“We imagine that being as a max with 50 one way trips a day, or if you wanted to count them out is 100, but that would be the max not some of the numbers that have been thrown out – some people said it’d be 100 one way or 200 round trips,” he said. 

He said that one of the misconceptions about the project is the amount of truck traffic the project would generate. According to Perrault, his company had spent about $4 million this year to rehab 300 feet of the 800 foot pier for a heavy-load capacity so that “most of the material would be barged out, so there is minimal trucking.”  

The timing, he said, was perfect for offshore wind.

“Those projects haven’t even been let as of now… The New England states are putting out RFPs now for offshore wind companies to give them proposals and some of those people are talking to us saying, ‘Would you be a support facility if we got a contract?’” he said. “It’s all dependent on contracts, depending on them being awarded, depending on where it goes. But I think in the next 10 years, you’re gonna see a sizable amount of renewable energy projects in the Connecticut area near the shore.”

Noise, Vibration, Property Values, Health

But that vision for the site has been met with a small storm of local opposition.

About 100 people attended Thursday night’s Planning and Zoning public hearing in person, which was also available by Zoom, and many waited in line to sign up to speak.

First at the podium was local resident David Harned, a member of the Citizens Alliance for Land Use, which, he emphasized, was not an opposition group but existed to raise public awareness and promote responsible economic development.  

Using a detailed slide presentation, Harned listed and broke down 13 town regulations that he said the project violated, including issues of transmission of vibrations, dust, pollution and fumes, as well as increased intensity of use, excavation regulations.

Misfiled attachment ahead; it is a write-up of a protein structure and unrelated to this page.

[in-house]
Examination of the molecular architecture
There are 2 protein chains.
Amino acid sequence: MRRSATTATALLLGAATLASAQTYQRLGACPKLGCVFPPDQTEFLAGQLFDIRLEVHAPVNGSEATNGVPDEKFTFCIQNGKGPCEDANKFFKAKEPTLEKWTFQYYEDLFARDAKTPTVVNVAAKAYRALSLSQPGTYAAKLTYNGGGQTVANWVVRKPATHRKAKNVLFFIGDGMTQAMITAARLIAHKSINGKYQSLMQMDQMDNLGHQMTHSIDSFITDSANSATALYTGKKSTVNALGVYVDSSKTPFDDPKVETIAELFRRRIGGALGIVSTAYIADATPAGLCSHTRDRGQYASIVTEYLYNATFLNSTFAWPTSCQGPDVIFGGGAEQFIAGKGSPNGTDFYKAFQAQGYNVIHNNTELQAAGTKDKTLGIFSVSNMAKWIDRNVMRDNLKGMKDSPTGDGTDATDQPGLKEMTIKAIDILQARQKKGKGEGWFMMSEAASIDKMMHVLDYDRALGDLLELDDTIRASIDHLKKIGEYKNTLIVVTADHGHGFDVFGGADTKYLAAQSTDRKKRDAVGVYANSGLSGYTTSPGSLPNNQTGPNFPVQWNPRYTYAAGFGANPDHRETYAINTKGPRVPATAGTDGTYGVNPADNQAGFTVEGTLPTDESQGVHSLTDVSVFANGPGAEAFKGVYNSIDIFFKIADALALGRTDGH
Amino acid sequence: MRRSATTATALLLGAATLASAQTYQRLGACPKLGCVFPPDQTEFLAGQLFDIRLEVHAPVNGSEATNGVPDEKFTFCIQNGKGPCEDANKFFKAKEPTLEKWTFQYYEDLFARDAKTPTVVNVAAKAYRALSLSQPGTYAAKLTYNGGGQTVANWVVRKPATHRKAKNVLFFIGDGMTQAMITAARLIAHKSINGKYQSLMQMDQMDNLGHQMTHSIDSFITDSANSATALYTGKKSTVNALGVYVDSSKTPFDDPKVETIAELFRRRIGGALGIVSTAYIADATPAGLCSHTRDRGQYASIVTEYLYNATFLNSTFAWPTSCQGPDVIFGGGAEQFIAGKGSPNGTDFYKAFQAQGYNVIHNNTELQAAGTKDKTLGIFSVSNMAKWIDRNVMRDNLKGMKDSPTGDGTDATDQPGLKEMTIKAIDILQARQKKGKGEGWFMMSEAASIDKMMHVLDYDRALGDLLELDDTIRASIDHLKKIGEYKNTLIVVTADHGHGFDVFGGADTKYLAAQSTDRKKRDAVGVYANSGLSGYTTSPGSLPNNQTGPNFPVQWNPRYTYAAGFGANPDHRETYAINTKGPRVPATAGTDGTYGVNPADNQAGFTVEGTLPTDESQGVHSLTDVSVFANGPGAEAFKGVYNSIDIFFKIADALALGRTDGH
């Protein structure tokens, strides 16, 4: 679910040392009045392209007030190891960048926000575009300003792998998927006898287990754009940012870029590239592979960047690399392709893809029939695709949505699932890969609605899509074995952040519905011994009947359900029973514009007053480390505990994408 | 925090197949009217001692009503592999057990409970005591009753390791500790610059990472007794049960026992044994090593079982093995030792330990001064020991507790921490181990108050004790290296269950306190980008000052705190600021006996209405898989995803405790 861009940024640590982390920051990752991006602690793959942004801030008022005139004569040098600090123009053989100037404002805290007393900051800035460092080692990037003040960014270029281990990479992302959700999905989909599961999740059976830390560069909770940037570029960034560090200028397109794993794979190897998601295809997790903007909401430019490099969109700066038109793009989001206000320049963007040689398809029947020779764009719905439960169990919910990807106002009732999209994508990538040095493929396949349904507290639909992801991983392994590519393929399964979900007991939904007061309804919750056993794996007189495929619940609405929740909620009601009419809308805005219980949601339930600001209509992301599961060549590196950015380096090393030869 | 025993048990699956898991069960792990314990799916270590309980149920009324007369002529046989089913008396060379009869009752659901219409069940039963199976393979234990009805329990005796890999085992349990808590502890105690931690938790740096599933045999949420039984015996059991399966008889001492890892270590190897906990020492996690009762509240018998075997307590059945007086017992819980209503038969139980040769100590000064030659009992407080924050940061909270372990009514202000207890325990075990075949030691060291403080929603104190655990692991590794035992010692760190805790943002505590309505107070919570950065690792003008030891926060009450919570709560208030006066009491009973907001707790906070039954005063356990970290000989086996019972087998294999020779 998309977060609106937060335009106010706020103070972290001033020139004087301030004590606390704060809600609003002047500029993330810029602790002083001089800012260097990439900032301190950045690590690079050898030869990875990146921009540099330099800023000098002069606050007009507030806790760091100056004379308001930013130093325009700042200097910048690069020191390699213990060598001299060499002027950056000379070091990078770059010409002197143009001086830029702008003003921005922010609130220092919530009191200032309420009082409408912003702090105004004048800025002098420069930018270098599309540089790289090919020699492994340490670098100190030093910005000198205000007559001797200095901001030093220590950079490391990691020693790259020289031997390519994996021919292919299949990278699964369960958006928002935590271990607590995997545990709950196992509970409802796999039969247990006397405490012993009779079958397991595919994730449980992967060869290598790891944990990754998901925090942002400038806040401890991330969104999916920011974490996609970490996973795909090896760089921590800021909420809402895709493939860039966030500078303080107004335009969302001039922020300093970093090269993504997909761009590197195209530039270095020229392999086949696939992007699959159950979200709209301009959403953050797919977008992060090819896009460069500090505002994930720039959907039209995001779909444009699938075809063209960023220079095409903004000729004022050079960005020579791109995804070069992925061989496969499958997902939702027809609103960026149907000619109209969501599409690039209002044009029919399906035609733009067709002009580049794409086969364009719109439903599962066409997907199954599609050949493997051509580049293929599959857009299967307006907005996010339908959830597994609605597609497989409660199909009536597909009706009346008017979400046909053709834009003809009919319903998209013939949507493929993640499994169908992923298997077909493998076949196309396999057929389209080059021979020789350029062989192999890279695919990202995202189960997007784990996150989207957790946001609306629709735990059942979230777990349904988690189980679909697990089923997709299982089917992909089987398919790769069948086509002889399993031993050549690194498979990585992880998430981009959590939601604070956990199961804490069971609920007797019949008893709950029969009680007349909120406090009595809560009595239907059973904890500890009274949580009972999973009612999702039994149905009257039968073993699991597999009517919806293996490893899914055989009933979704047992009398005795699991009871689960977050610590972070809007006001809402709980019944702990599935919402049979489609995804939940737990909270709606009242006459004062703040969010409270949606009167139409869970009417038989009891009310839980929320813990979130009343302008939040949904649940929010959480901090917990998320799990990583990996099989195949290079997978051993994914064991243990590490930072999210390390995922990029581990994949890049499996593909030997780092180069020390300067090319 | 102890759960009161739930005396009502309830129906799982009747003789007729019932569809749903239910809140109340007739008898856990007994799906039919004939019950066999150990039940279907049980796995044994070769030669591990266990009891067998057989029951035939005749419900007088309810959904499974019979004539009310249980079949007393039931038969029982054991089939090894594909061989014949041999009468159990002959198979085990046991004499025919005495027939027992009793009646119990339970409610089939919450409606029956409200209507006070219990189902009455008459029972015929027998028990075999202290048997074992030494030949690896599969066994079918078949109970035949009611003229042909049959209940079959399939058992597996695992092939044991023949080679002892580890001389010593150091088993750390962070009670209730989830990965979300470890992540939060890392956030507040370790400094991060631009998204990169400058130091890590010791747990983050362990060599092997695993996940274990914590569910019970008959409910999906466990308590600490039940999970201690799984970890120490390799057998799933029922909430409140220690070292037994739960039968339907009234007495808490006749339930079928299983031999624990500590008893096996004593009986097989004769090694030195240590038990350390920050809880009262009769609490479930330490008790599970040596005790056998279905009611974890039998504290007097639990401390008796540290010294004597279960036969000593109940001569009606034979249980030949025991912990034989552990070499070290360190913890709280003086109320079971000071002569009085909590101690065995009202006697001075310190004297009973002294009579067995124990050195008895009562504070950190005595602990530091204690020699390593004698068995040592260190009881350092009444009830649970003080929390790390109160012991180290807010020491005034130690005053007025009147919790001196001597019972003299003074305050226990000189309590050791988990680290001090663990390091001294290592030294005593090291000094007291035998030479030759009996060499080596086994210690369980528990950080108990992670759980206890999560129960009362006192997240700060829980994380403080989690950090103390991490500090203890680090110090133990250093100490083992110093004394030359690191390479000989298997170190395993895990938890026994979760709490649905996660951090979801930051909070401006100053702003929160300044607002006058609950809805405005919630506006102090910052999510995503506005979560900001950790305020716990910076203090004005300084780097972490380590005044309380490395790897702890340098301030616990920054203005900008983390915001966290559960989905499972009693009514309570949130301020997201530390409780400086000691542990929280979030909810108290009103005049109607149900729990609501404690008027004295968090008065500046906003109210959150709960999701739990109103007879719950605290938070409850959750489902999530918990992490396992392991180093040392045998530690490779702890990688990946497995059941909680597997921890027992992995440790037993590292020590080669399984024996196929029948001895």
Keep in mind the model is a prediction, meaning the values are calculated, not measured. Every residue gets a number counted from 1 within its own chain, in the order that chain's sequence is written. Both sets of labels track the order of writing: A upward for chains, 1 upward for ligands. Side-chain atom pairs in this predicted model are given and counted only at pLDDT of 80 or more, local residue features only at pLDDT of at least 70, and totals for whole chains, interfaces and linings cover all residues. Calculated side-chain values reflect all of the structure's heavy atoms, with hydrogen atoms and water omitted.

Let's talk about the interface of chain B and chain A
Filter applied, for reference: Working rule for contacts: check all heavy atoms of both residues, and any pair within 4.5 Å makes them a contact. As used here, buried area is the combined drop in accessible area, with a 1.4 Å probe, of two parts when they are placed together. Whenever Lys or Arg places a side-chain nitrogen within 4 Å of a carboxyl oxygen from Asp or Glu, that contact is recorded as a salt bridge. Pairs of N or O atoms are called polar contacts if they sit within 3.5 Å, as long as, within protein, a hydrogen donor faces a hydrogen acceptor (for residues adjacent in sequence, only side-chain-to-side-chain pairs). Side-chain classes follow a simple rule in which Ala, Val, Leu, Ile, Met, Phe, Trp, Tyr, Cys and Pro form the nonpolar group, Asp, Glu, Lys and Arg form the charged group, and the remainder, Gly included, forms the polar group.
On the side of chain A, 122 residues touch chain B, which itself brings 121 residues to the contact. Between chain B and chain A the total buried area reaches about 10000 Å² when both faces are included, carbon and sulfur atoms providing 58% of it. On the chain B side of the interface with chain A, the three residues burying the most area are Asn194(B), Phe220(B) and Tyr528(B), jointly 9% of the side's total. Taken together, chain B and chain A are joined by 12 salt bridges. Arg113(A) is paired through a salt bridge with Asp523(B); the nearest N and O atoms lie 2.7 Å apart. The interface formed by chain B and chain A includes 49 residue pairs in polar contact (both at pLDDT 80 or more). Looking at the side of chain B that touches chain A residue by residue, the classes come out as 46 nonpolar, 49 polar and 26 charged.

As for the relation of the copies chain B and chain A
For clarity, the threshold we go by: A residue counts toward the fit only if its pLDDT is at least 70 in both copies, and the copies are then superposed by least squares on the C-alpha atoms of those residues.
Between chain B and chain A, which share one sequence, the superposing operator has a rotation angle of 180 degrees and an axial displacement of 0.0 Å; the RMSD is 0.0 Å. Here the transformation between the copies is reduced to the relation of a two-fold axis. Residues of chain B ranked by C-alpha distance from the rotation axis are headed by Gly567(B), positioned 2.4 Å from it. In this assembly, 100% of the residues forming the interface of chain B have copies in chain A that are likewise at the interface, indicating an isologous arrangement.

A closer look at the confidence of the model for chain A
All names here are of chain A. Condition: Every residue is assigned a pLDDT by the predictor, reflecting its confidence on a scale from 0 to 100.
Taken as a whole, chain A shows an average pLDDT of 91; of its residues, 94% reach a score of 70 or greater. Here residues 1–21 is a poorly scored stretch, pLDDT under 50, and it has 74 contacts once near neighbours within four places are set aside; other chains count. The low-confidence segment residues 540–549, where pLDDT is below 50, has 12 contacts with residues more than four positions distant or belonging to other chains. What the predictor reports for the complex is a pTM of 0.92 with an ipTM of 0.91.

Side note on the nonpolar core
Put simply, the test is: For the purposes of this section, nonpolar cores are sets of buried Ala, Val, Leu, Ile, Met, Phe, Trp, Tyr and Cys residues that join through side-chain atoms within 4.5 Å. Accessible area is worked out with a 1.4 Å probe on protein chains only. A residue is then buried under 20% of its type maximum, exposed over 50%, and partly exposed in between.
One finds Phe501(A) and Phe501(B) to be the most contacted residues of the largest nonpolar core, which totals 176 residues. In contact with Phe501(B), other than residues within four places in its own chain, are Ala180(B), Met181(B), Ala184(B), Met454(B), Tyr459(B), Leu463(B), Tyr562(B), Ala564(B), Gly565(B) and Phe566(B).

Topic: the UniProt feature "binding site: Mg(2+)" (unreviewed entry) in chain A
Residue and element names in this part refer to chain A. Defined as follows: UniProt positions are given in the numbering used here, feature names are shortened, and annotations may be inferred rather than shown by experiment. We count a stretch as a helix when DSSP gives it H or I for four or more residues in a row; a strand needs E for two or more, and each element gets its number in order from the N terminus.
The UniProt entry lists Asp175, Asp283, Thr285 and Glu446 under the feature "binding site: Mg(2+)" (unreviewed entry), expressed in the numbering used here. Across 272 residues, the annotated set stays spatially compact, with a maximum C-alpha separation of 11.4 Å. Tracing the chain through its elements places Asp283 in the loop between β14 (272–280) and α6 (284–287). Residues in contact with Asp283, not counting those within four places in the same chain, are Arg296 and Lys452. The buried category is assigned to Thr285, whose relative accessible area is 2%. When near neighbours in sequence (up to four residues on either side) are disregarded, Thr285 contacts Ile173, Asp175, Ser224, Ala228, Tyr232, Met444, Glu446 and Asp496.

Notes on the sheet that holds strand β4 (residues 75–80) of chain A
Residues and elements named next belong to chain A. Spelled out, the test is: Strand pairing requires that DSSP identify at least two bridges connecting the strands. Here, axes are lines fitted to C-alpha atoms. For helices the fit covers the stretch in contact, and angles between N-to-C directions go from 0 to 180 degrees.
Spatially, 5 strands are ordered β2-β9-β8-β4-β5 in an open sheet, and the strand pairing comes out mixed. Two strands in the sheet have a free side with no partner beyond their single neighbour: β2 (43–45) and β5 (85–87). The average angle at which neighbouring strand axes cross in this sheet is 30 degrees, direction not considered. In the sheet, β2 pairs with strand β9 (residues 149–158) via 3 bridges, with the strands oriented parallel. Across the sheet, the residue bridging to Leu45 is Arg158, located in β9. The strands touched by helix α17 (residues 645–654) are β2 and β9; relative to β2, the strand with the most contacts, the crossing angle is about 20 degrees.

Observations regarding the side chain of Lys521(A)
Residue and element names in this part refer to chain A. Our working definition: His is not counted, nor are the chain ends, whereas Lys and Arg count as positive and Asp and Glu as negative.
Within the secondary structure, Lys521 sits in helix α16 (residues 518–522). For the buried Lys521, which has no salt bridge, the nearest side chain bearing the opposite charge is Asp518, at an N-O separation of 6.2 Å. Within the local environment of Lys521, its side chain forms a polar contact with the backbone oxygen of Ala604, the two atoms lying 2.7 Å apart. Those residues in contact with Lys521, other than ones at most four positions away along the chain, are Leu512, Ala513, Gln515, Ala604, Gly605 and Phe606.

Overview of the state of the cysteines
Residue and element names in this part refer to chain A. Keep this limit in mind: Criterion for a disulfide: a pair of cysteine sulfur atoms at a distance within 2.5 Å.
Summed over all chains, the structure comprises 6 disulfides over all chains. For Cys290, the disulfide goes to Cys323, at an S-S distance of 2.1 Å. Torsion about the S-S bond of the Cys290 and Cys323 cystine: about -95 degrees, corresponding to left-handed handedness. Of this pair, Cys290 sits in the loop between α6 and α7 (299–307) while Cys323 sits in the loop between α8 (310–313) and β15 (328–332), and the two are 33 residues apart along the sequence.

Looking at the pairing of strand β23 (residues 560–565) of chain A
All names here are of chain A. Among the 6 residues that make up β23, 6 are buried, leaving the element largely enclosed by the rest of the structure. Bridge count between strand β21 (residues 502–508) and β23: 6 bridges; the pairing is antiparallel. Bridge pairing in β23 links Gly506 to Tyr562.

Harned said that the proposal violates the town regulation that prevents projects from having an adverse effect on property values or historic features of the immediate neighborhood – and emphasized there were no exceptions. 

“This one is pretty self-explanatory. It doesn’t say it’s okay if only a few property values go down, it doesn’t say it’s okay to have some damage to historic features… it says no adverse effect,” he said. “So let me remind you that there is a residence that is actually on Mt. Decatur, been there since 1963. This proposed quarry would turn their hilltop sanctuary into a nightmare and any reasonable person would argue that their property value would plummet and the same is true for properties nearby.” 

He emphasized the harmful effects of silica dust, a carcinogen, that would be produced by quarrying and rock crushing. One regulation called for “no unreasonable pollution,” which Harned said fit the definition of exposure to silica dust. Again and again, his remarks were answered with applause and cheering from the audience. 

He told the commission that the project could not be approved without violating the town’s zoning regulations. 

“There are many violations that could not be overcome under any conditions, therefore the option of approval with conditions is not an option either,” he said. “I would like to see this property developed responsibly so that our town might actually benefit from its redevelopment, and I hope the company brings that type of proposal to our town but this proposal is not one of them and it must be denied. I think that if Cashman truly wanted to show this community that they wanted to be a good neighbor, they would withdraw the application and not continue to put us through this exercise.” 

Resident Rebecca Soleyn said that she had planned to farm crops on her property on Chapman Lane but “all of our land will be covered in dust, even the flowers.” She said her property value will be “decimated” by the proposal.